Friday, February 01, 2008

Why Do I Support Alternate Fuel Technology?

Exxon Mobil made history on Friday by reporting the highest quarterly and annual profits ever for a U.S. company, boosted in large part by soaring crude prices.

Exxon, the world's largest publicly traded oil company, said fourth-quarter net income rose 14% to $11.66 billion, or $2.13 per share. The company earned $10.25 billion, or $1.76 per share, in the year-ago period.

The profit topped Exxon's previous quarterly record of $10.7 billion, set in the fourth quarter of 2005, which also was an all-time high for a U.S. corporation....

Exxon also set an annual profit record by earning $40.61 billion last year - or nearly $1,300 per second in 2007. That exceeded its previous record of $39.5 billion in 2006.

Do I mind companies making a profit? Not at all. Do I mind companies making monstrous profits? Not if they EARNED those profits in a FREE MARKET economy.

Some may argue that the oil companies compete in a free market, but the problem is that these companies have both intermarried and have grown increasingly greedy. No one is willing to leave any money on the table (i.e. undercut their competition.) It is only a hunch on my part, but I would be willing to bet that there are some major anti-trust violations taking place between the petroleum providers of the world.

These companies also cry that the cost increases are merely caused by supply and demand.

The average price for a gallon of regular gasoline hit an all-time high of $3.23 in May, according to the motorist organization AAA. The high prices were blamed on strong demand and a series of accidents that shut down refineries in the U.S. But slack demand for gasoline in the latter half of last year kept gas prices from rising as dramatically as crude prices.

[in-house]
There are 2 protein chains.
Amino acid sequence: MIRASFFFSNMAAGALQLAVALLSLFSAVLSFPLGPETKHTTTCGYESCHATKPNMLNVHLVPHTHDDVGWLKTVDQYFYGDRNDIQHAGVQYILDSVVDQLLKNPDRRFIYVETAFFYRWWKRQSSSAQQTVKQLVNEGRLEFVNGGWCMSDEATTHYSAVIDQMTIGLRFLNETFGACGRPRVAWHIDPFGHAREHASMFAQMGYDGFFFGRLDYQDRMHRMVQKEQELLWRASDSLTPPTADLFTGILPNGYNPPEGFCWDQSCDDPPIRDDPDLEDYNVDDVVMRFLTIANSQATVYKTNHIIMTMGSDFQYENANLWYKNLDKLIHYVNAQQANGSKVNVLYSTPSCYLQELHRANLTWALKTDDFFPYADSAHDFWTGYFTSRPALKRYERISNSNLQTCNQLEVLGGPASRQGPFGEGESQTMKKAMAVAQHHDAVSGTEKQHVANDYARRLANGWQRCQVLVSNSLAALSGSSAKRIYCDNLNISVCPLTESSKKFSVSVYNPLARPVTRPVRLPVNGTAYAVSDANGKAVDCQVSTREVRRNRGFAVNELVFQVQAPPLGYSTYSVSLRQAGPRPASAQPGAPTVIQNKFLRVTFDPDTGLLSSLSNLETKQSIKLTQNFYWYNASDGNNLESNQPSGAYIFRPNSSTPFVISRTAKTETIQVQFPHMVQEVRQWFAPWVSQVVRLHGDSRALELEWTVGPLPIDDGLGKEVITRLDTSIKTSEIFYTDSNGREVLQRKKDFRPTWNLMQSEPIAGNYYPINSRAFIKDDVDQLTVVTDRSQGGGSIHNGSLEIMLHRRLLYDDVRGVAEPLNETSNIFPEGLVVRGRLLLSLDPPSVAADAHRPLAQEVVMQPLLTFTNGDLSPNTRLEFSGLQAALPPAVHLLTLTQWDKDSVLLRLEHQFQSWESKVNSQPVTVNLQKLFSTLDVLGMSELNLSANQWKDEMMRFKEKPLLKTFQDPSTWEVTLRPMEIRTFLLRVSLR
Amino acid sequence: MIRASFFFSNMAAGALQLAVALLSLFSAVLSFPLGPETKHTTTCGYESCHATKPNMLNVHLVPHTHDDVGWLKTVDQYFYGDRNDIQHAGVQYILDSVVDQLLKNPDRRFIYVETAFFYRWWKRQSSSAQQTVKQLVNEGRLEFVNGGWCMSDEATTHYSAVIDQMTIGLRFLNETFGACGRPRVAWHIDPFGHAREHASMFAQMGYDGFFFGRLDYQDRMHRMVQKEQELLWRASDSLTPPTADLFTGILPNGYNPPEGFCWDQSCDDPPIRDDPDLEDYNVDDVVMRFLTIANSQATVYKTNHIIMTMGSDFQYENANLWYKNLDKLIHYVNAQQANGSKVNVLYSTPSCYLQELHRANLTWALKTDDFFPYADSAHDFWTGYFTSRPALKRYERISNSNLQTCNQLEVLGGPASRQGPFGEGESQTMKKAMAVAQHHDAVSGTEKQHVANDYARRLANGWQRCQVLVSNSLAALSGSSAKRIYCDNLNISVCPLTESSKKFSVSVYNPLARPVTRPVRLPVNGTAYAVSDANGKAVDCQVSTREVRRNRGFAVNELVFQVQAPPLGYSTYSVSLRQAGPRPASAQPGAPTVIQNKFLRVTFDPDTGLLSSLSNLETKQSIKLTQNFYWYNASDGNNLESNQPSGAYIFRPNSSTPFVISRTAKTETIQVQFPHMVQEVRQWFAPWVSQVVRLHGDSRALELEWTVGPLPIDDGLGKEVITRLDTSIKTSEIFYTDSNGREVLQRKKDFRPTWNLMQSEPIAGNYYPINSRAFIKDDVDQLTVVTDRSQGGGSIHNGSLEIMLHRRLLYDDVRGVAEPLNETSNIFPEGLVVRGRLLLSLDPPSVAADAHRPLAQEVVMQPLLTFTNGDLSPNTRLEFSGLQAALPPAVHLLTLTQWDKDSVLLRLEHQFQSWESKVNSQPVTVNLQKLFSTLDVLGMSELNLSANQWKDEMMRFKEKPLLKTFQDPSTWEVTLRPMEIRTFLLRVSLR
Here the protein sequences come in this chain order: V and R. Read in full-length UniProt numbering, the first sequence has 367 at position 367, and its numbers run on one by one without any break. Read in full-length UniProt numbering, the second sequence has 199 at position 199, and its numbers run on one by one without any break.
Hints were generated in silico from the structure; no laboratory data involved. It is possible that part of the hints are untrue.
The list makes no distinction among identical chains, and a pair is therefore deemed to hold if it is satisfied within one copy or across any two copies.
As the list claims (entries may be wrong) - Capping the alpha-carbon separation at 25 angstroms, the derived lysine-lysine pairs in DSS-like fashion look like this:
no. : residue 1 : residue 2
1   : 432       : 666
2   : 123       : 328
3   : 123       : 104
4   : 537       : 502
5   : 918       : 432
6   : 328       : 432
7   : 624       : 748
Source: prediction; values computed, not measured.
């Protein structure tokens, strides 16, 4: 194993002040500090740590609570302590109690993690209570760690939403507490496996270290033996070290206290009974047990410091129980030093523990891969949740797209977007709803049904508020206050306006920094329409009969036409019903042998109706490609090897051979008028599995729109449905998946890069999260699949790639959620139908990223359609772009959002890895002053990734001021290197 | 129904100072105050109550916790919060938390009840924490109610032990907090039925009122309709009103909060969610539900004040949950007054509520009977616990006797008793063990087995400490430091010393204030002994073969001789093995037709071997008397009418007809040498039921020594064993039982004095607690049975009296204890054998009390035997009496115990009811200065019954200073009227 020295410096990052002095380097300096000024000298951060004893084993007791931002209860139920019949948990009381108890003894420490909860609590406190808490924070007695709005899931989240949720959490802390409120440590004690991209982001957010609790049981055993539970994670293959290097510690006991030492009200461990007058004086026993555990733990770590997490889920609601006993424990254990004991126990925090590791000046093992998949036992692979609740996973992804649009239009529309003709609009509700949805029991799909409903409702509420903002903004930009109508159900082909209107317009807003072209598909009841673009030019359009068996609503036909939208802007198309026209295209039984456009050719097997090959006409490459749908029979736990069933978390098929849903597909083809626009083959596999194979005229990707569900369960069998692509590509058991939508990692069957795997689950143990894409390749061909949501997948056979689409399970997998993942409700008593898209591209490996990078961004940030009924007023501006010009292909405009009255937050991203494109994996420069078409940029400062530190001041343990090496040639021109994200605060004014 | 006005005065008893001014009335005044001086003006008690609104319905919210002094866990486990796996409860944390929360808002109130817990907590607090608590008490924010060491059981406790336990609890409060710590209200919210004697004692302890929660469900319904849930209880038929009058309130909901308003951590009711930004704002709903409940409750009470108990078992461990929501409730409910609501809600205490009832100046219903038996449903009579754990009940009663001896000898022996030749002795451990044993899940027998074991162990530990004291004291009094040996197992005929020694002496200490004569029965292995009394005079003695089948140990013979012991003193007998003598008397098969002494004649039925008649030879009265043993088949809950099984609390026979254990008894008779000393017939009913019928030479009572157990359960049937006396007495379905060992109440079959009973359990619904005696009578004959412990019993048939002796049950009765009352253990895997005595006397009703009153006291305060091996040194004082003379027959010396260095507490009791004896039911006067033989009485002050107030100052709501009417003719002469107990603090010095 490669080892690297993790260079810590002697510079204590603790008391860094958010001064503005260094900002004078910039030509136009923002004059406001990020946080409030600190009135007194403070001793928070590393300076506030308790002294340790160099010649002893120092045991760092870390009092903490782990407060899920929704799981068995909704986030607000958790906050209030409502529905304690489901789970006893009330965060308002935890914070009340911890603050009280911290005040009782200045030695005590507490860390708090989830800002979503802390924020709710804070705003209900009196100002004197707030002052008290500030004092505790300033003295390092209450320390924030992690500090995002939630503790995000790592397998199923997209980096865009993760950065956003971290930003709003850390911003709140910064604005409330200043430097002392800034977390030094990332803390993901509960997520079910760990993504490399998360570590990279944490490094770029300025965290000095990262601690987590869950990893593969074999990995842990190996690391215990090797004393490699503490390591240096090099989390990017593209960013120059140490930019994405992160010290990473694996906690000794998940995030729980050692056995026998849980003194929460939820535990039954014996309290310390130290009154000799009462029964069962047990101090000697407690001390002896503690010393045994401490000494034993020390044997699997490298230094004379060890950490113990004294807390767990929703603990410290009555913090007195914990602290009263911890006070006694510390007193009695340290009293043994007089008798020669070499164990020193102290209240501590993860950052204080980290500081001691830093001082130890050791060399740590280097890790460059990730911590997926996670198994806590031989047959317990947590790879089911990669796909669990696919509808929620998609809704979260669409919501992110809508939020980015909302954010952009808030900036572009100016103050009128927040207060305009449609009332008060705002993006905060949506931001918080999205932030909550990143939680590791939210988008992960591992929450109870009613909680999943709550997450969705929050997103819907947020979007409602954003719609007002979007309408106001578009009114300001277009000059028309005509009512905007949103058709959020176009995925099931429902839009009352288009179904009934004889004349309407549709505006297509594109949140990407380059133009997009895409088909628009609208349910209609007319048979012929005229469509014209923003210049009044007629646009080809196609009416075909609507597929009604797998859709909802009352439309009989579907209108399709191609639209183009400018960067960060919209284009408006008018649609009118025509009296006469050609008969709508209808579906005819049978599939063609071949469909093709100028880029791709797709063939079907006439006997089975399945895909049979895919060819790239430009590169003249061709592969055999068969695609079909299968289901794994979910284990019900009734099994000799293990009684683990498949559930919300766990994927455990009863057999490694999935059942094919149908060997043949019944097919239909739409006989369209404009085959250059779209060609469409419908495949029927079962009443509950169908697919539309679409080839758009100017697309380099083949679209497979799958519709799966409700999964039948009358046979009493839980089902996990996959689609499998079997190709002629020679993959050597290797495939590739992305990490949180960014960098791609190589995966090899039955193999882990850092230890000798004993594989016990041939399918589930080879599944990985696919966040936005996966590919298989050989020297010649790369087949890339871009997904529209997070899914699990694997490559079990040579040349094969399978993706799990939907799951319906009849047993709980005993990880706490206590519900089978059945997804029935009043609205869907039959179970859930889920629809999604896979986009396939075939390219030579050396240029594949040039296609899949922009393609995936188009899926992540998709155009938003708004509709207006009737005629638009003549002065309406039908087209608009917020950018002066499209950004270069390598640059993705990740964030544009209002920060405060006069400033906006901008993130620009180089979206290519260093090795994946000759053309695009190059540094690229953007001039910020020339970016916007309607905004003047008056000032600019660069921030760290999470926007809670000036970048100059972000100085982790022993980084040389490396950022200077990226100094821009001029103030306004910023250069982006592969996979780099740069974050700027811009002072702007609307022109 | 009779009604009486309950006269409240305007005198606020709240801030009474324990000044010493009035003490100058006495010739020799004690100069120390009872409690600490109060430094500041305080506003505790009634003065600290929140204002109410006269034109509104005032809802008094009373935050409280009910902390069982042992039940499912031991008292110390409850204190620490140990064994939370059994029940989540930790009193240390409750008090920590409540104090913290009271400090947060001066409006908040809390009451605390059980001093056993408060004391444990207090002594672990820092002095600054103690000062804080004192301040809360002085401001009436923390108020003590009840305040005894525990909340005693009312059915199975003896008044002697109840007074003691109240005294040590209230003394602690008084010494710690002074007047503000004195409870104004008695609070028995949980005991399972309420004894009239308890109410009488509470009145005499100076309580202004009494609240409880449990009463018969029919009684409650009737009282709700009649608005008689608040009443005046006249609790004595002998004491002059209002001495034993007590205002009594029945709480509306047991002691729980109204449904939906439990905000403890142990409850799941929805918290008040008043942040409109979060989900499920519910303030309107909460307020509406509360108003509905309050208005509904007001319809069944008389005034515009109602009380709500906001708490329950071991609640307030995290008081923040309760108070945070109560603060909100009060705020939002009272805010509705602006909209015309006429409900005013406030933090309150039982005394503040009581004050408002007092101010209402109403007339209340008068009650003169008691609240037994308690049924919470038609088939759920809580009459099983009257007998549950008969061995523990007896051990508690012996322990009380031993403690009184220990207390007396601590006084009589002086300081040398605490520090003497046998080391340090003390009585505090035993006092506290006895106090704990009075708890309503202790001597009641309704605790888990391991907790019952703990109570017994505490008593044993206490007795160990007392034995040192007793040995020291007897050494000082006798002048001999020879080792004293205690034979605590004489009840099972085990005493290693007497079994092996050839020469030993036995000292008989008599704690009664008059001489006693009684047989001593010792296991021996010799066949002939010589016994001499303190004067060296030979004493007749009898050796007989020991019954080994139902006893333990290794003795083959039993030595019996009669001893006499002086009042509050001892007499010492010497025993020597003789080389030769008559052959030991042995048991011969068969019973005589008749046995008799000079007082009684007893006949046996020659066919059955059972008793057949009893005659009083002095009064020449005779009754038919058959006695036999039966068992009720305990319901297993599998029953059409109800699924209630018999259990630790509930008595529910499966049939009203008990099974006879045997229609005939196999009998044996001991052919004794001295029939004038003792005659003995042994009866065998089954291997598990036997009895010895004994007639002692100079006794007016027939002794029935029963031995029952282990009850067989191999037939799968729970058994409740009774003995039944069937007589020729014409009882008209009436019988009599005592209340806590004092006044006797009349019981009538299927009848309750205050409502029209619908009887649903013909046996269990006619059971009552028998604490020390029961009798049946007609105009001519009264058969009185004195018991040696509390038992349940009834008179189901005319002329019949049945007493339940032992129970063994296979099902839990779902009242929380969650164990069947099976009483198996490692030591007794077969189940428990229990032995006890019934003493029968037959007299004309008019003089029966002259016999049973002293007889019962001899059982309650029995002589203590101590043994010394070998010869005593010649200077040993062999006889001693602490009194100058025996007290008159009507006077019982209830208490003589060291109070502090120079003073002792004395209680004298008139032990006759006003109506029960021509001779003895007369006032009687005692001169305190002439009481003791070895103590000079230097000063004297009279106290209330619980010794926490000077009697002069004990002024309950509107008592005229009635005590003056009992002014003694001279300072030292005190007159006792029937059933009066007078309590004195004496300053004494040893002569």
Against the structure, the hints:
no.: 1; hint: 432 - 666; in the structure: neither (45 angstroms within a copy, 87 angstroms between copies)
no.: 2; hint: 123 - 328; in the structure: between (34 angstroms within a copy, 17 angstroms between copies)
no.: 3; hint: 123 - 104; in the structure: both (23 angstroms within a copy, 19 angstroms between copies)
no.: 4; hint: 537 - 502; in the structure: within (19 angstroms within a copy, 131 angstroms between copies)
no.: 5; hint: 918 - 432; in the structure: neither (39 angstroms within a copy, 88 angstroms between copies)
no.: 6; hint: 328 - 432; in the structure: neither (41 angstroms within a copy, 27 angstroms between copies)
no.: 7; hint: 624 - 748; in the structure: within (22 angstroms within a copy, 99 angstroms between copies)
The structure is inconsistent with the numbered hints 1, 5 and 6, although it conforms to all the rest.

That is a load of southbound hay in a northbound bull. These companies are restricting supply to create false scarcity. If demand is so great there should be new refineries or updates made to existing refineries to increase production. And frankly, I'm not buying the whole "we're running out of oil" deal either. At least once a month I hear about some massive new supply of oil that has been discovered somewhere in the world.

I'm not really sure what it is that has spurred it, but it is as if the oil companies have suddenly realized that American consumers really don't have any choices. We don't have the infrastructure for public transportation (not to mention being too busy, independent, and impatient to put up with the hassles of public transportation), we're too spread out to make walking or bicycling a viable option, and auto manufacturers (whom I believe are in league with the oil companies) refuse to produce fuel efficient or alternative fuel cars. They have a captive audience and they know it, and what's more they have their hands so deep in Congress' pockets that they are well aware that they don't have the cahunas, er, wherewithal to bring any serious remedy or action against this out of control industry.

Sen. Charles Schumer, D-N.Y. took a swipe at the two firms, calling on fellow lawmakers to break the country's dependence on foreign oil and rollback unnecessary tax incentives for oil companies.

I would agree with him if (a) I believed that he would actually do something about it and (b) if the oil companies wouldn't penalize us even further and whine about how they had to raise gas prices (again) to make up for losing the government subsidies.

(You have no idea how hard I am trying to keep from swearing.)

The oil companies have shot back with numerous excuses.

ExxonMobil representatives ... stressed the cyclical nature of the business and noted that growing global demand for energy will require companies to heavily invest in future growth. The company said it estimates that global demand will grow by 30 percent by 2030.

We'll see how they invest their money. All I can say is that I hope that a new energy source is discovered that will make this the last time the oil companies post profits like that ever again. As soon as I have an equivalent alternative to petroleum based transportation I will take it.

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